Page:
Menopause in the workplace – changes to the law

By Marion Nicolaides, Employment Relations Advisor at The Royal College of Midwives on 28 February 2024

With new changes to the law requiring employers in the UK to be more supportive of women going through the menopause, the RCM’s, Employment Advisor, Marion Nicolaides outlines how they will help midwives and MSWs.

The menopause…it’s something that is medically inevitable for women and yet it’s something that is not often discussed openly, let alone in the workplace. All women will experience the menopause at some point in their lives with around four - fifths experiencing some obvious symptoms. These range from anxiety, mood swings, fatigue or hot flushes.

Imagine going through these symptoms while trying to work and provide the best care to women and their families. It’s likely to be pretty difficult, and to say the menopause symptoms can have a significant impact on women at work is probably an understatement. Why is all of this important? Well, with a nearly entirely female workforce, almost a quarter of maternity staff could be experiencing the menopause at any one time! It’s vital for maternity services they are supported and feel valued at work. They need to be able to go through these hormonal changes in a supportive environment, so that they can continue to provide the outstanding care they want to give and the women they help deserve.

That’s why the Equality and Human Rights Commission (EHRC) has just published new guidance on menopause in the workplace, setting out employer’s legal obligations under the Equality Act 2010. The aim of this is to ensure that across the UK, women going through the menopause have the support they need to continue working. Crucially, if a worker’s menopause symptoms amount to disability under the Equality Act 2010, employers will be under a legal obligation to make reasonable adjustments for midwives and midwifery support workers (MSWs). Failing to do so will amount legally to disability discrimination.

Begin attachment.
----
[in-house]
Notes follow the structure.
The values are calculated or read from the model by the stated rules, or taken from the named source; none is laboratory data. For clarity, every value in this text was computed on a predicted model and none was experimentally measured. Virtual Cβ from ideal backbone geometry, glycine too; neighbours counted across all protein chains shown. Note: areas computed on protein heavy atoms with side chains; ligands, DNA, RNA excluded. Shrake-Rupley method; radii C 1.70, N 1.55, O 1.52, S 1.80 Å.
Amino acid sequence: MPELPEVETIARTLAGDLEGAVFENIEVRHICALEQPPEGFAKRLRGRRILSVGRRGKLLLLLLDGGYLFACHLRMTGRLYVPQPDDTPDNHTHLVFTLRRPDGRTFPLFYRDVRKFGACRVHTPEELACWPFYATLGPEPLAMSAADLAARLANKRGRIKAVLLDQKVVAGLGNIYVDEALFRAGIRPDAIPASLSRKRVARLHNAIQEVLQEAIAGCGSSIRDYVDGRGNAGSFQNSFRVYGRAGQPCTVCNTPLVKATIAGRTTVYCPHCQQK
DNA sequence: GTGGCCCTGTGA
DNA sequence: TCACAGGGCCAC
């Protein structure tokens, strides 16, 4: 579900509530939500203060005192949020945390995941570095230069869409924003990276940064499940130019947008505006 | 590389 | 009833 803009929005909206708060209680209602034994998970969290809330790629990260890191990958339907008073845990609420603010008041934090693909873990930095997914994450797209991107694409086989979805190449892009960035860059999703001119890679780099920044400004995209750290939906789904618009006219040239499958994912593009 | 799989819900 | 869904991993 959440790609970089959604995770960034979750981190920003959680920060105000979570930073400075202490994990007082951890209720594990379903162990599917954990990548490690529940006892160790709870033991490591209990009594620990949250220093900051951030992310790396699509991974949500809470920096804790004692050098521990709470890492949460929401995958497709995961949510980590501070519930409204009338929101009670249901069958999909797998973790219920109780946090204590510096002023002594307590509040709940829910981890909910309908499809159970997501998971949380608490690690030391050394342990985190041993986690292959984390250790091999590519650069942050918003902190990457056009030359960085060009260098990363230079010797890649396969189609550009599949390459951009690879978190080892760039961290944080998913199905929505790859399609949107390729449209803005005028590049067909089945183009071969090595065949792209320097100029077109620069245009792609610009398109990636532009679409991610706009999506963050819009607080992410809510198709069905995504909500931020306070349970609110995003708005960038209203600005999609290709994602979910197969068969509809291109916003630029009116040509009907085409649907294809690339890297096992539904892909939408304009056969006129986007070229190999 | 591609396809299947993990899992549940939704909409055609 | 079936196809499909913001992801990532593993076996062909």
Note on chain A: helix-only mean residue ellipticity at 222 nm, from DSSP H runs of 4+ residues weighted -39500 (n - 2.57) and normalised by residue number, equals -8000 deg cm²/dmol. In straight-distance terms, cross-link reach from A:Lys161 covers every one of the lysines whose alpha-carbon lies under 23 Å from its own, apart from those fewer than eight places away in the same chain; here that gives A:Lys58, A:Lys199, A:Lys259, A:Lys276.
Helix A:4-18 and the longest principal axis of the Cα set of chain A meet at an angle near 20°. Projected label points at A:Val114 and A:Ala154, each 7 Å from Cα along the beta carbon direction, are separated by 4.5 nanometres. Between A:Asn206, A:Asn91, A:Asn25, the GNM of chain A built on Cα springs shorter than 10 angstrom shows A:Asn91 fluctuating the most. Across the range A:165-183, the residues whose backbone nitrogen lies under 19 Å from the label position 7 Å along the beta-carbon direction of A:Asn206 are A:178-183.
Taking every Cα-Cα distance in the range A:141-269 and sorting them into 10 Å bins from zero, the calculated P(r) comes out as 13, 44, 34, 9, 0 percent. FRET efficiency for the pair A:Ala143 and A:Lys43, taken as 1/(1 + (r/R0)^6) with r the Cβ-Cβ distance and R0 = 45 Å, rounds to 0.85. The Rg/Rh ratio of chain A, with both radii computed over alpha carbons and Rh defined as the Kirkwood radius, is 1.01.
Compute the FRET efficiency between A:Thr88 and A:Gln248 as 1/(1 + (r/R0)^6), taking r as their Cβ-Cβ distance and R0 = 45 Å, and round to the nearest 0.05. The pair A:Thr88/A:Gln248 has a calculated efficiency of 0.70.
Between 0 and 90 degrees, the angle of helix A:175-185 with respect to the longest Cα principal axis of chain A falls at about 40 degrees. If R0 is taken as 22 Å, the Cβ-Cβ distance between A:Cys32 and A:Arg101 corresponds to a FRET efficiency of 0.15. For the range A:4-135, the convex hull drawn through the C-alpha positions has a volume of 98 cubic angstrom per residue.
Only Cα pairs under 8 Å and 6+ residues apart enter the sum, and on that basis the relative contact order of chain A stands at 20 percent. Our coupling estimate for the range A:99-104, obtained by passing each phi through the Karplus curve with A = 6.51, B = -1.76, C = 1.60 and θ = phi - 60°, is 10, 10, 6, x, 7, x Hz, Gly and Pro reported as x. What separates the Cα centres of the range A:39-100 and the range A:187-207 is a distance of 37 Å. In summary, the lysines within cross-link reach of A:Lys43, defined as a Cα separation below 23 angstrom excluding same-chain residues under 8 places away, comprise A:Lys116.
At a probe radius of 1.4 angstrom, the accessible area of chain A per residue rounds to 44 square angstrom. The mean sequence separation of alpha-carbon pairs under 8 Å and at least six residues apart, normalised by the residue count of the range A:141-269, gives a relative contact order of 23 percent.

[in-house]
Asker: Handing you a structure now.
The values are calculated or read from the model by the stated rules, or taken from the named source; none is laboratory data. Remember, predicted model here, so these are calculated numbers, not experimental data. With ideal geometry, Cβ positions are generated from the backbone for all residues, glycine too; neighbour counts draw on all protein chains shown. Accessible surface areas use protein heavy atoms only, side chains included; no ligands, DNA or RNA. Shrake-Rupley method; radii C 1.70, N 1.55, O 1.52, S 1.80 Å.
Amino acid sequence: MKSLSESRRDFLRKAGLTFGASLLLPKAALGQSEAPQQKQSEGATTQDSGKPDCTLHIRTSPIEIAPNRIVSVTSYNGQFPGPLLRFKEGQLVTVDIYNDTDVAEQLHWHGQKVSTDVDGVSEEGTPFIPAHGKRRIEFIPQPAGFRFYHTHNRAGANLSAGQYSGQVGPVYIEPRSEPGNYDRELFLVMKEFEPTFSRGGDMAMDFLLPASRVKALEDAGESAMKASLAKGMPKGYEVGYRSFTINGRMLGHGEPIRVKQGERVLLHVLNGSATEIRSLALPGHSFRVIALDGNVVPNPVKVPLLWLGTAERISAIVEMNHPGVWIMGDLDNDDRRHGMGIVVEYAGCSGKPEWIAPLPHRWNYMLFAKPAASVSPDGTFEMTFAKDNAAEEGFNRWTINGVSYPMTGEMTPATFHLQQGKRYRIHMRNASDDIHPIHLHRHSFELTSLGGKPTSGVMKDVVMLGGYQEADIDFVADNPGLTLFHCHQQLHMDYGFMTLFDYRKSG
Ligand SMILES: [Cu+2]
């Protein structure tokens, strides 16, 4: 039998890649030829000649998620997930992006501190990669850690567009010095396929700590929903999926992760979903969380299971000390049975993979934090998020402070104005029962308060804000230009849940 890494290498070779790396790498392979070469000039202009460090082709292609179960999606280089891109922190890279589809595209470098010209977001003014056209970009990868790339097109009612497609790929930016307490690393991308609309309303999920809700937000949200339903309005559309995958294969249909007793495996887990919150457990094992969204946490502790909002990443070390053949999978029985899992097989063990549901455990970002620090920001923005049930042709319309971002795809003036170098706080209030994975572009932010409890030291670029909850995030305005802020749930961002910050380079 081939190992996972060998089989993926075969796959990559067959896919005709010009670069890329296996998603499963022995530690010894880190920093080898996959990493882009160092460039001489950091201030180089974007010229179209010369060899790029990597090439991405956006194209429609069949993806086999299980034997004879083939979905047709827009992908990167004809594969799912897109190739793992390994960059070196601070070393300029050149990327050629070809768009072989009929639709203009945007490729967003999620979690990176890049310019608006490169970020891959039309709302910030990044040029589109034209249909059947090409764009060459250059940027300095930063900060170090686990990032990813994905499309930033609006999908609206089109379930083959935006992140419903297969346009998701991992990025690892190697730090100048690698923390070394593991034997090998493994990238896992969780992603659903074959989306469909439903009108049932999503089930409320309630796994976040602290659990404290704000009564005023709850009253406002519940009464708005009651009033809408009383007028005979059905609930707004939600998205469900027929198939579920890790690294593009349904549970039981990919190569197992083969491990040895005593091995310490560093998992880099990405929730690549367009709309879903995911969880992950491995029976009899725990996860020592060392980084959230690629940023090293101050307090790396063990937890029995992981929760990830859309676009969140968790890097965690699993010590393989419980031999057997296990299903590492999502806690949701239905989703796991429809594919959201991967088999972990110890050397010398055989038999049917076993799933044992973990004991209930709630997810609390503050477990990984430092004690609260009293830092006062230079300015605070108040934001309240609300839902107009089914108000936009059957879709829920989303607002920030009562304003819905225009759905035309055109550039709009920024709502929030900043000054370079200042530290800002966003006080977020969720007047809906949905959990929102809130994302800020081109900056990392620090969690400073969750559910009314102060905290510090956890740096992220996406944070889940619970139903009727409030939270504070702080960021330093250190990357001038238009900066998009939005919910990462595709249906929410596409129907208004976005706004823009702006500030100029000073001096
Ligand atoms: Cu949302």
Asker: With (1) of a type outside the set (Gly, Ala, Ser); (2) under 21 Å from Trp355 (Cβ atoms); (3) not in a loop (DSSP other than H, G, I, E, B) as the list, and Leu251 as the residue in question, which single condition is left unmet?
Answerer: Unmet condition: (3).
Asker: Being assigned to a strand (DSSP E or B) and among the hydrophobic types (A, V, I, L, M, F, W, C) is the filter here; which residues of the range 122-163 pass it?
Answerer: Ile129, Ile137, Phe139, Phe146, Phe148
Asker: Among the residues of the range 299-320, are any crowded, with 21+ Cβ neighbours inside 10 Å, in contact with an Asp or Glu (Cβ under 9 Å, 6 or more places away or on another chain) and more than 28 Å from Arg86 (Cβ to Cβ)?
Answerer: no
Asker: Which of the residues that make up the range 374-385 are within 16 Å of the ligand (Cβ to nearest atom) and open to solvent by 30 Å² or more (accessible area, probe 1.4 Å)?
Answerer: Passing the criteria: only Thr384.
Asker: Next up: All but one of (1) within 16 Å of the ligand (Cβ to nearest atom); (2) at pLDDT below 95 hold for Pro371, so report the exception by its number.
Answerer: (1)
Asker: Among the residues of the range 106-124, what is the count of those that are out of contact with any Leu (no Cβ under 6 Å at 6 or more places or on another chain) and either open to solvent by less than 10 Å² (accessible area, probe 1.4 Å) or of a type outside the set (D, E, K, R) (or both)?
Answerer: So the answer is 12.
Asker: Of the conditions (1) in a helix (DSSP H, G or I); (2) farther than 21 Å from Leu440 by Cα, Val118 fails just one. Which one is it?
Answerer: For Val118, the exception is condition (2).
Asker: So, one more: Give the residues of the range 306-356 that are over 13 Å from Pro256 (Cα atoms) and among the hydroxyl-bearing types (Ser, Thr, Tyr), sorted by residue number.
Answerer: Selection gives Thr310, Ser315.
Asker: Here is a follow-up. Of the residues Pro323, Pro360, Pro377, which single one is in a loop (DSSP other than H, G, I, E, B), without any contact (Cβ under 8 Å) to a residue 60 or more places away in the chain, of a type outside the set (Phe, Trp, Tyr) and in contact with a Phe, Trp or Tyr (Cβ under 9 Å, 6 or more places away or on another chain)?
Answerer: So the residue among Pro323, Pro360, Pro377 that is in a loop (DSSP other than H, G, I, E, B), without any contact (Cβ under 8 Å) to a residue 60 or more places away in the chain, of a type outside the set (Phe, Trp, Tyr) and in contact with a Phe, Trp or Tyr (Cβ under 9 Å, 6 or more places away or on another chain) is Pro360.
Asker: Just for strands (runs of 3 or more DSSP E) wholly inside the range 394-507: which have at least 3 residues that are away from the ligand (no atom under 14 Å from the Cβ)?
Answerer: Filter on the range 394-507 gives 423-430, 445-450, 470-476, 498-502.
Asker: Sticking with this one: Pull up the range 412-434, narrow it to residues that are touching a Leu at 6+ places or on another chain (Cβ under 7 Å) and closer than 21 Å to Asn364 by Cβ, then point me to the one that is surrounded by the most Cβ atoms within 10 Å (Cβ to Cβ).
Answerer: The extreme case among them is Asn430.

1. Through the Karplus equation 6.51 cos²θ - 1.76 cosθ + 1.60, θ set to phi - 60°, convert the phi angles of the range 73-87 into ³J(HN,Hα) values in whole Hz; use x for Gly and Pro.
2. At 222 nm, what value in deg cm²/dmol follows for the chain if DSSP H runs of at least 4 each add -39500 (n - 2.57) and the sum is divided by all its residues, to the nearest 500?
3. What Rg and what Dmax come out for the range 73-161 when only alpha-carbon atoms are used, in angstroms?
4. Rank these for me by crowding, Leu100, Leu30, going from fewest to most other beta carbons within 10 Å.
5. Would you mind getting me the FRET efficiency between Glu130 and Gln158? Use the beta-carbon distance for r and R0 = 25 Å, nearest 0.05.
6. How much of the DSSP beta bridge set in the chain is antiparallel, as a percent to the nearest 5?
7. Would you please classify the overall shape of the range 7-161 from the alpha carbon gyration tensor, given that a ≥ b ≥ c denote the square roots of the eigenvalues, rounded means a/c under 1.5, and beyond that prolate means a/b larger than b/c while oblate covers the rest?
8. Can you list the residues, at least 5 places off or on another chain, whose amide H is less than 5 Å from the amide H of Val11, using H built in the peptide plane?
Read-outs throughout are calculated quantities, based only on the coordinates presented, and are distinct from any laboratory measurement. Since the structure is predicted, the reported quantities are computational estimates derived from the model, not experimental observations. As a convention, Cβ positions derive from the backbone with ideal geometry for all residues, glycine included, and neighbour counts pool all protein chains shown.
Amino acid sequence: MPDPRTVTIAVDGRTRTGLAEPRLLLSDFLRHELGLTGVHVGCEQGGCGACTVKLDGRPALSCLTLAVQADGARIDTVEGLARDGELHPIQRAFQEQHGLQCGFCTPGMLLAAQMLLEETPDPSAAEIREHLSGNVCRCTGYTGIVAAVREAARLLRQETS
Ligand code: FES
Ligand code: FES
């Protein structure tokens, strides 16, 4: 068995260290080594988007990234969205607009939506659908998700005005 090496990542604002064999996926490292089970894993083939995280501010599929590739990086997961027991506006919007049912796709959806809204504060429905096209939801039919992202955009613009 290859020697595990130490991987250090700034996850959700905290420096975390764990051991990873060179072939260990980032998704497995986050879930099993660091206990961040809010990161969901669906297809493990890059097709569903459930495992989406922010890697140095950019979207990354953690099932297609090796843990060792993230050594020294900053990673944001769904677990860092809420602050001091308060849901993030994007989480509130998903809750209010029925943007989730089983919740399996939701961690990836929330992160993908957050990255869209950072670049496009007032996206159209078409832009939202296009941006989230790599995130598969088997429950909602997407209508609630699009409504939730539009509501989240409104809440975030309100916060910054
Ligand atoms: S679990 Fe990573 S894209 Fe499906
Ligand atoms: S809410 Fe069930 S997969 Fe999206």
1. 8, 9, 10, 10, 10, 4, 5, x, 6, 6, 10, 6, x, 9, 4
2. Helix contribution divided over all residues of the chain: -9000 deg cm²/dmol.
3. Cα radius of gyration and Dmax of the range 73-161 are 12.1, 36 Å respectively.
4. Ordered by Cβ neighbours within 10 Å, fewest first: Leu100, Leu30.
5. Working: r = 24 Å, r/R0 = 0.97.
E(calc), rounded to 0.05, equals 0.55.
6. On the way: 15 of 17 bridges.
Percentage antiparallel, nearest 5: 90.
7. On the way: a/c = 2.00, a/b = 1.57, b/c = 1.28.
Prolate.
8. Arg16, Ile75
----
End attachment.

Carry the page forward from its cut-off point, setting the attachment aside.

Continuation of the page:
These changes could be anything– big or small, and can include things such as quiet rooms to allow women to relax, installing cooling system or fans to help keep the temperature cooler or amending the uniform policy to allow women to wear cooler or more comfortable clothing. Employers also must now support approaches such as flexible working and allow changes to shift patterns for women experiencing menopausal symptoms.

These changes may seem simple and obvious but they can make a big difference. RCM reps have been pushing employers for these changes but until now they have been relying on the goodwill of employers, many of whom are really supportive of midwives and MSWs going through the menopause. But sadly, many women will know that not all of them do, and what the new guidance brings is the legal obligation for the employer to not discriminate against women due to menopause symptoms. 

Importantly, these changes are not difficult to implement, nor costly and yet they could make a big difference to the working lives of women. It’s vital that we help women going through the menopause stay in work both for human reasons and because the NHS needs them - there is already a shortage of around 2500 midwives in England alone! The NHS cannot afford not to take menopause symptoms seriously and RCM will be supporting members all along the way to make sure that employers fulfil their legal obligations.

You can find more on menopause in the workplace in the RCM publication which outlines how to recognise the mental and physical signs and symptoms of the menopause and offers tips and advice to help support staff. Also have a look at our webinar on working with the menopause at Menopause (